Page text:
The Egytian way of life is uncovered as you begin to look at their pottery.So many of us have seen pictures of the beautiful tombs and their contents of Egyptian Pharoahs and the wealthy, but it’s not until we see the everday items of this culture that you get a small window into what they were thinking and doing everyday. Ancient Egyptians certainly were amazing artists, but they were also a smart, playful, religious, caring people reguardless of the aristocracy. Egyptians didn’t just make things from clay they were really one with the clay. I was amazed to discover that they made clay toys for their children to play with and rat traps out of clay, how ingenious. This study of Egyptian pottery has unearthed a whole new way of thinking for me about the ancient Egyptian people.

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The Ishtar Gate, 575 BCE

       The Ishtar Gate, under King Nebuchadnezzar II,was once considered one of the seven wonders of the world until the 6th century A.D. It’ stunningly beautiful blue glazed tiles and reliefs of  lions, bulls, and dragons in yellow, brown, and red glazed tiles. It’s location was in Iraq, what was once called Babylon in Bible times. A smaller reconstruction , front of the gate only, has been built in  Berlin at the Pergamon Museum. It is built from actual material that was excavated by Robert Koldewey and finished in the 1930’s. It stands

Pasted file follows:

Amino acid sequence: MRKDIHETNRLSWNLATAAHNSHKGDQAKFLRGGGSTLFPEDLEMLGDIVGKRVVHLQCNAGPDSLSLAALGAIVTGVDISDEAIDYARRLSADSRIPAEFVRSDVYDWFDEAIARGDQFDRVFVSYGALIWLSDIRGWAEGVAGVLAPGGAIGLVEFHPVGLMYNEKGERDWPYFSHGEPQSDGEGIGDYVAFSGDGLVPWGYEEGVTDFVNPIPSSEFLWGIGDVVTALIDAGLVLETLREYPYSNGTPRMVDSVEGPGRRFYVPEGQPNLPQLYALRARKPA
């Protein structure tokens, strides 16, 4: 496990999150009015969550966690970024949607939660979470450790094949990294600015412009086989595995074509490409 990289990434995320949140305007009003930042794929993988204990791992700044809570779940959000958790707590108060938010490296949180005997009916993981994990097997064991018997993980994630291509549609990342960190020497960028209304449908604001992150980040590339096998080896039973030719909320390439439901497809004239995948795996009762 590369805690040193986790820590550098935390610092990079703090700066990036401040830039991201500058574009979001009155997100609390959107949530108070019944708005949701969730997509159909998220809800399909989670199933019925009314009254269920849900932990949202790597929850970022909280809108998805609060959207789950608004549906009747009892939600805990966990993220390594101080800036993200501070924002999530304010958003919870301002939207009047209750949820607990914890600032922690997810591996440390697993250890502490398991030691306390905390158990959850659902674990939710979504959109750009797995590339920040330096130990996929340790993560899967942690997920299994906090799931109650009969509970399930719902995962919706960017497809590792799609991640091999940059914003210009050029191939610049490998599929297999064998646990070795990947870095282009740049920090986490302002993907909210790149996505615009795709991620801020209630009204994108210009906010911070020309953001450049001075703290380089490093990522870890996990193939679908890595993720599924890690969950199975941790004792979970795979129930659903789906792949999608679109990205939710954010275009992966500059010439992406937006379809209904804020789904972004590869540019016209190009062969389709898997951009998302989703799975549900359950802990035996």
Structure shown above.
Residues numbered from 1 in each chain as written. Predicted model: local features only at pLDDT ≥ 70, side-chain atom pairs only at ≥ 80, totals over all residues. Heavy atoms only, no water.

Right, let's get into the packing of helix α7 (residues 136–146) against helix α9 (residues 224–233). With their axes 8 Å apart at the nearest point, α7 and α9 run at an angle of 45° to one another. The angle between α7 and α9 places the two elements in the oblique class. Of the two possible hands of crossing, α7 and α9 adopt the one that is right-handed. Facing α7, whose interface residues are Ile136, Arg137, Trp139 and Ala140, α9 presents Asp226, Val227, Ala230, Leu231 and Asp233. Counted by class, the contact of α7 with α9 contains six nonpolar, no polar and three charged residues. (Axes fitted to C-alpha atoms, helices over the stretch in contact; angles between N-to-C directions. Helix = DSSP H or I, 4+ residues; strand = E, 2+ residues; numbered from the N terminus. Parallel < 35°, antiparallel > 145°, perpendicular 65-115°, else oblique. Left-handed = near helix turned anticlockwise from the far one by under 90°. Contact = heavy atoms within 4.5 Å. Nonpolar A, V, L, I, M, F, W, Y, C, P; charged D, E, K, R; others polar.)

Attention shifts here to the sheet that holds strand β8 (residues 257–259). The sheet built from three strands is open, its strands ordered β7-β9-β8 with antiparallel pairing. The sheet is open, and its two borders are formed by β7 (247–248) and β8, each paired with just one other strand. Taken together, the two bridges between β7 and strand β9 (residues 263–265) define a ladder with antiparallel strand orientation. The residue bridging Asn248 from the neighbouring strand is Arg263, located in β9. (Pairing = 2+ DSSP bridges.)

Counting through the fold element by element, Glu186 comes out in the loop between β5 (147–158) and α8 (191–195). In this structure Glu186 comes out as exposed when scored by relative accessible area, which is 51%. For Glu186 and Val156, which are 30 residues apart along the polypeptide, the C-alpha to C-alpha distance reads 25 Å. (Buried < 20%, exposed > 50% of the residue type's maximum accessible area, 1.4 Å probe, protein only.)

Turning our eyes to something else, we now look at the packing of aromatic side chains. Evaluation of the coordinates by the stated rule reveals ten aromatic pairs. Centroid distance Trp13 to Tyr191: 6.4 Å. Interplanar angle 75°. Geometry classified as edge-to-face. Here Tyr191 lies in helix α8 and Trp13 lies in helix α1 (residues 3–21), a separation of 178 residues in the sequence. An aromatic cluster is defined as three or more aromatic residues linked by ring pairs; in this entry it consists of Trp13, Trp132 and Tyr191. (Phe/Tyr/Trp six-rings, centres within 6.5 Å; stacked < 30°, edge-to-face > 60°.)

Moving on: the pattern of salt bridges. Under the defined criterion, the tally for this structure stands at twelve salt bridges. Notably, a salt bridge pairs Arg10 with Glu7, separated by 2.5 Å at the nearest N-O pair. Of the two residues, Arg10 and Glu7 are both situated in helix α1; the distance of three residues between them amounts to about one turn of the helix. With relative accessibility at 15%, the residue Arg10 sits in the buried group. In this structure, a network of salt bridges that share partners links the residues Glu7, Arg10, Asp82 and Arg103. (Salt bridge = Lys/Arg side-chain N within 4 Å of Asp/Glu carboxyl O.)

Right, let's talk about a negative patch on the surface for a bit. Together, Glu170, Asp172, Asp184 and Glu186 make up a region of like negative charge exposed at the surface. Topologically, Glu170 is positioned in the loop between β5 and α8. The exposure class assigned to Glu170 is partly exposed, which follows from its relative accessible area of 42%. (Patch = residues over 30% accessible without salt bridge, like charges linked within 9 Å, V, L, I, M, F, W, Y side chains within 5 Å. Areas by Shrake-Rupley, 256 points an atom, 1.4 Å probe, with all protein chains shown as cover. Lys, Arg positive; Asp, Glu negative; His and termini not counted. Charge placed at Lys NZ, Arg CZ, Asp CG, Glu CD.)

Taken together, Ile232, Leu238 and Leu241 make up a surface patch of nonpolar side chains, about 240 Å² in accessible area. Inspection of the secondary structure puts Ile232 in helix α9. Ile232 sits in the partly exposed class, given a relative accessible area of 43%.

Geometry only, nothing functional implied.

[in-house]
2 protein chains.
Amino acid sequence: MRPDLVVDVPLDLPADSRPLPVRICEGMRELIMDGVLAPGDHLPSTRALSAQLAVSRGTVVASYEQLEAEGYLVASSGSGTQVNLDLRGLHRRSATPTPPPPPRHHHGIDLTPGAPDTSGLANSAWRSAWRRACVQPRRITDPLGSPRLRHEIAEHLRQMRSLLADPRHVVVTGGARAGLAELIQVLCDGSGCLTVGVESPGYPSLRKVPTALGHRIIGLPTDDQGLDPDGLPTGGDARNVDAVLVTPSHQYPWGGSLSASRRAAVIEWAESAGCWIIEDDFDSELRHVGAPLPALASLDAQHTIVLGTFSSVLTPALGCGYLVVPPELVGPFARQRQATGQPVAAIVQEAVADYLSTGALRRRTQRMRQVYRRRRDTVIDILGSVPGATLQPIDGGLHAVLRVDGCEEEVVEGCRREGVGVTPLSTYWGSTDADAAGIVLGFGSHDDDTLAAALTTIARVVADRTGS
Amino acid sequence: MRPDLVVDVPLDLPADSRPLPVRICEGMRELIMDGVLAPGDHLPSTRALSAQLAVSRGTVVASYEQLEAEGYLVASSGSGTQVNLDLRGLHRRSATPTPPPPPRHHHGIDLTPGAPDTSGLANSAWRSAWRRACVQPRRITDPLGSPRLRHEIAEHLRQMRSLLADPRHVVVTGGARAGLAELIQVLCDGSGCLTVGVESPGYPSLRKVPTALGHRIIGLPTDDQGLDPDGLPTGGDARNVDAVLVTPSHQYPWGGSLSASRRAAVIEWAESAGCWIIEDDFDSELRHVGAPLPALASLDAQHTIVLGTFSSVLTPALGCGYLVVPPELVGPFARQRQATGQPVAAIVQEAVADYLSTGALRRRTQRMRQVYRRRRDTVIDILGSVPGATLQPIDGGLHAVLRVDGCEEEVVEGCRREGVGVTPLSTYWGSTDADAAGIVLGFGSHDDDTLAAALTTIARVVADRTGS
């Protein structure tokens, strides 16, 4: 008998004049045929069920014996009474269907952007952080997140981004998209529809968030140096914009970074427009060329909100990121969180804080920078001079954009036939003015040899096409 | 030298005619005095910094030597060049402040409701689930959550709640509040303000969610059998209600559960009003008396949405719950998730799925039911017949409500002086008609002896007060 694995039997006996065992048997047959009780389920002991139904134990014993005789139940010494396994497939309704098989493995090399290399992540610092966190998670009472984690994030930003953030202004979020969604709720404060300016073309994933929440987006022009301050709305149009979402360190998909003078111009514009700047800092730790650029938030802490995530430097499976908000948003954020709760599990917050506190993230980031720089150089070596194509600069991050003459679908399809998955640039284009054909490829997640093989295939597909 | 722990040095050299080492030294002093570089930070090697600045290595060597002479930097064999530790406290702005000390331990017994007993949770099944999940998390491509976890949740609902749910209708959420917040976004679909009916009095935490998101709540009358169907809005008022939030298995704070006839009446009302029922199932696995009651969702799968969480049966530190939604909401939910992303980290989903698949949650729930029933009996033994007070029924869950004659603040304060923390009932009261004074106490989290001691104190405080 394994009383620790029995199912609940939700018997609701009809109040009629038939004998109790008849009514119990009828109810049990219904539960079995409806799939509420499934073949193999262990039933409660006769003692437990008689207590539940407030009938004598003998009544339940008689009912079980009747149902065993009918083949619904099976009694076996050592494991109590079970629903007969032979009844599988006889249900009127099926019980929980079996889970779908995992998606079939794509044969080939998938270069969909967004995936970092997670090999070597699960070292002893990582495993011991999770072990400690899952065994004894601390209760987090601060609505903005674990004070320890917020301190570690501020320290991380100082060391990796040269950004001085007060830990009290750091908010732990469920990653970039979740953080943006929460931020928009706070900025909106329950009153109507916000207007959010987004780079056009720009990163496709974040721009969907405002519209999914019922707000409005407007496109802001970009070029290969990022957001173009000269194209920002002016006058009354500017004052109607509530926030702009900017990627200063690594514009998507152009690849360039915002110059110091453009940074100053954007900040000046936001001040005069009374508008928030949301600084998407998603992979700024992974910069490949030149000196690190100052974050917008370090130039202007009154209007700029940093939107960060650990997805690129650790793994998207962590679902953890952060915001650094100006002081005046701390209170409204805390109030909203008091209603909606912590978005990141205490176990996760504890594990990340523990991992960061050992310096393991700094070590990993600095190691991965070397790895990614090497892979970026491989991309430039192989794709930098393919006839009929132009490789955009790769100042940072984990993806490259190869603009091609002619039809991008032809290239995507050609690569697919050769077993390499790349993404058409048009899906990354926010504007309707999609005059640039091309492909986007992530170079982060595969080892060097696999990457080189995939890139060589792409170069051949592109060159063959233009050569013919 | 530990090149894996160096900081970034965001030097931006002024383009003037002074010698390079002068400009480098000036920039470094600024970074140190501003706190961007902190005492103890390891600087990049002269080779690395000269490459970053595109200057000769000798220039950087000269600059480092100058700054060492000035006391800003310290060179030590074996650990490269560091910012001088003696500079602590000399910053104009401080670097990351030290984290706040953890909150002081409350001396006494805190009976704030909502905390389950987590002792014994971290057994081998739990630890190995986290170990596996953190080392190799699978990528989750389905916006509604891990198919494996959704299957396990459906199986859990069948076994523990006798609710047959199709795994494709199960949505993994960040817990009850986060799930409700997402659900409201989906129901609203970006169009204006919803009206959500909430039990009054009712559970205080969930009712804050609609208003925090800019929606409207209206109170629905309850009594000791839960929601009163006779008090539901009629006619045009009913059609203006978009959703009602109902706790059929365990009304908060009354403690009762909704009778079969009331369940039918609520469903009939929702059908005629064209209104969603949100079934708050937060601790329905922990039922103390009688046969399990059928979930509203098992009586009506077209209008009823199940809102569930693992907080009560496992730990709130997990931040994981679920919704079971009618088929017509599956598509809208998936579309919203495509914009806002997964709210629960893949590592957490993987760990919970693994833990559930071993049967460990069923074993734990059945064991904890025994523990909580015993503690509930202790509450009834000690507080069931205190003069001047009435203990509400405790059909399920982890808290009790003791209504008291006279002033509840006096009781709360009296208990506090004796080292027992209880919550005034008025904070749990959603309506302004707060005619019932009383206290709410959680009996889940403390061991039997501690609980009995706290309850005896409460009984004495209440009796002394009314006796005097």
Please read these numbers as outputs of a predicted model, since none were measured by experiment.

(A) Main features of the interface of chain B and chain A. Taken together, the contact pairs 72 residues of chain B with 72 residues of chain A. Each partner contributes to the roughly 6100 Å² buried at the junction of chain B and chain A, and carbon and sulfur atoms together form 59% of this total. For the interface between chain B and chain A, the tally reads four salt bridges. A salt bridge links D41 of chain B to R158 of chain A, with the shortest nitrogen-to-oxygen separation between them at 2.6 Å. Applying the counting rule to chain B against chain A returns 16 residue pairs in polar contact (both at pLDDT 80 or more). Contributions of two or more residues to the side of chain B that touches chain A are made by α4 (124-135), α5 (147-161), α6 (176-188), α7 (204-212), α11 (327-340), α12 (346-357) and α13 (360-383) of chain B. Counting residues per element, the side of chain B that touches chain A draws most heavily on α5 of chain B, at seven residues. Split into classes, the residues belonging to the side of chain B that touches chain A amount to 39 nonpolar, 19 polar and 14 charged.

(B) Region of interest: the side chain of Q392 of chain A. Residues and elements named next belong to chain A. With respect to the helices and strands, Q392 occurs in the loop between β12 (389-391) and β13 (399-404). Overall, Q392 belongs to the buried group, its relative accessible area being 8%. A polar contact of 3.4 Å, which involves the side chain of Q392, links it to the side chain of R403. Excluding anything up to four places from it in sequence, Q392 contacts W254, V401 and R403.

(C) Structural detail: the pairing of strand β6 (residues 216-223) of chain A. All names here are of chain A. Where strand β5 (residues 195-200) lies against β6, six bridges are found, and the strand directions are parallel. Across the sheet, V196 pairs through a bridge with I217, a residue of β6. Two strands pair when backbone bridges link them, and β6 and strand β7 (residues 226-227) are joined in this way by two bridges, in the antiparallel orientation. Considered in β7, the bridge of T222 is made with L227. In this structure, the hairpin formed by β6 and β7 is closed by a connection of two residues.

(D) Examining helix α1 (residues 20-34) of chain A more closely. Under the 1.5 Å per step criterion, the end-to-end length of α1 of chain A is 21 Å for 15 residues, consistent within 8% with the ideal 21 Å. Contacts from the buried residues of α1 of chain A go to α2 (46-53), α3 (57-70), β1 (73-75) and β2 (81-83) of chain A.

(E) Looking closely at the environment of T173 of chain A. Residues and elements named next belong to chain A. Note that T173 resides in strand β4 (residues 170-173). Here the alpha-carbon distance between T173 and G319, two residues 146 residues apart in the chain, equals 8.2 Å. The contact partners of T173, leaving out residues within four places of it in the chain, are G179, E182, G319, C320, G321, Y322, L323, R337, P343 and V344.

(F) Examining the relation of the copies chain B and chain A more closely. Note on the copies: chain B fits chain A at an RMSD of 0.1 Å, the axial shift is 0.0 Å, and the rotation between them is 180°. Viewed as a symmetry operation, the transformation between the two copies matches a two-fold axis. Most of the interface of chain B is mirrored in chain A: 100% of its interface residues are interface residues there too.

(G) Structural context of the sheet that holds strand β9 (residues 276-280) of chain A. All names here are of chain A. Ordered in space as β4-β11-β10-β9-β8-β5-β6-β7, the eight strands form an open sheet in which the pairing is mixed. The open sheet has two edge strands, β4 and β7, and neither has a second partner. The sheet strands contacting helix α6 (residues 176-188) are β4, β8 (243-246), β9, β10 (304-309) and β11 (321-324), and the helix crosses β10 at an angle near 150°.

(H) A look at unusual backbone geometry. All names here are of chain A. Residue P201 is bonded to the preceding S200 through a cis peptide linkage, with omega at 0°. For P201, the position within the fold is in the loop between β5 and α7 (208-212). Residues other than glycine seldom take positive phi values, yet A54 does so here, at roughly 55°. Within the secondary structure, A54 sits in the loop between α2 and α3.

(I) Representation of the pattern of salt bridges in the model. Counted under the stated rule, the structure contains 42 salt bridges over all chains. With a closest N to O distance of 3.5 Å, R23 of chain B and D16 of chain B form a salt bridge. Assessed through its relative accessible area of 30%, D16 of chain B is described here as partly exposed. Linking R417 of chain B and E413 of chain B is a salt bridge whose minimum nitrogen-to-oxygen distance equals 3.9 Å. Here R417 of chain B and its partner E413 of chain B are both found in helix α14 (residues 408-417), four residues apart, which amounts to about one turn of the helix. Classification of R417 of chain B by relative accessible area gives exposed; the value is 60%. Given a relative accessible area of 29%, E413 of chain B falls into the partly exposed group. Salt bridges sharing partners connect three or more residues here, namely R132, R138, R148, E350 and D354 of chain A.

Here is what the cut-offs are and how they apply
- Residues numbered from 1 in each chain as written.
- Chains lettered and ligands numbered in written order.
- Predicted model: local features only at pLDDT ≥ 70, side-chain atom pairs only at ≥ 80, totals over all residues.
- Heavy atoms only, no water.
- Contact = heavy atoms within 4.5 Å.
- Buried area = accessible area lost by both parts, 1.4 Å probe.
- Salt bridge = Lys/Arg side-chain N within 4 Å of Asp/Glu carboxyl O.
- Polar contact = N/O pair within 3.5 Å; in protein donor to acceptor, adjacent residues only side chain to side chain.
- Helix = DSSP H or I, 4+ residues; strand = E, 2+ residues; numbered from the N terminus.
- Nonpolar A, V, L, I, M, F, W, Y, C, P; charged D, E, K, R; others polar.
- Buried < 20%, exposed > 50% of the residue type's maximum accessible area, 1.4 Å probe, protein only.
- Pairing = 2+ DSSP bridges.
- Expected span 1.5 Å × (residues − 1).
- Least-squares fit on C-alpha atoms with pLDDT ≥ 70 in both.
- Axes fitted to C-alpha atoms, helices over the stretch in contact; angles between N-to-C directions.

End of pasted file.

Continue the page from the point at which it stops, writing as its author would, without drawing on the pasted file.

47 feet high and 100 feet wide.

        During the excavation from 1902-1914, 45 feet of the foundation of the gate was uncovered.Parts of the gate and lions from the processional way are scattered at many different museums around the world. Saddam Hussein was having a smaller reproduction built in Iraq as the entrance to museum that was not completed due to damage of the U.S and Iraq war.

        The beauty and ornate nature of this gate and many other architectural works of art from this time period and land are simply breathtaking to me. The time consuming details and complements of colors used are certainly treats for the eye and I think the babylonians had a knack for  this sort of thing. It was most likely that only the King and the very wealthy probably owned such structures, but any passer by could feast on these wonderful works of art.

Paleolithic (Old Stone Age Art), ca. 30,000-9,000 BCE

     There seems to have been a surge of human creativity some 30, 000 years ago. Most of the carved and painted art of this era were predominately of animals or women. Two famous artworks of this period are the Venus of Willendorf (28,000-25,000 BCE) and the Hall of Bulls (15,000-13,000 BCE).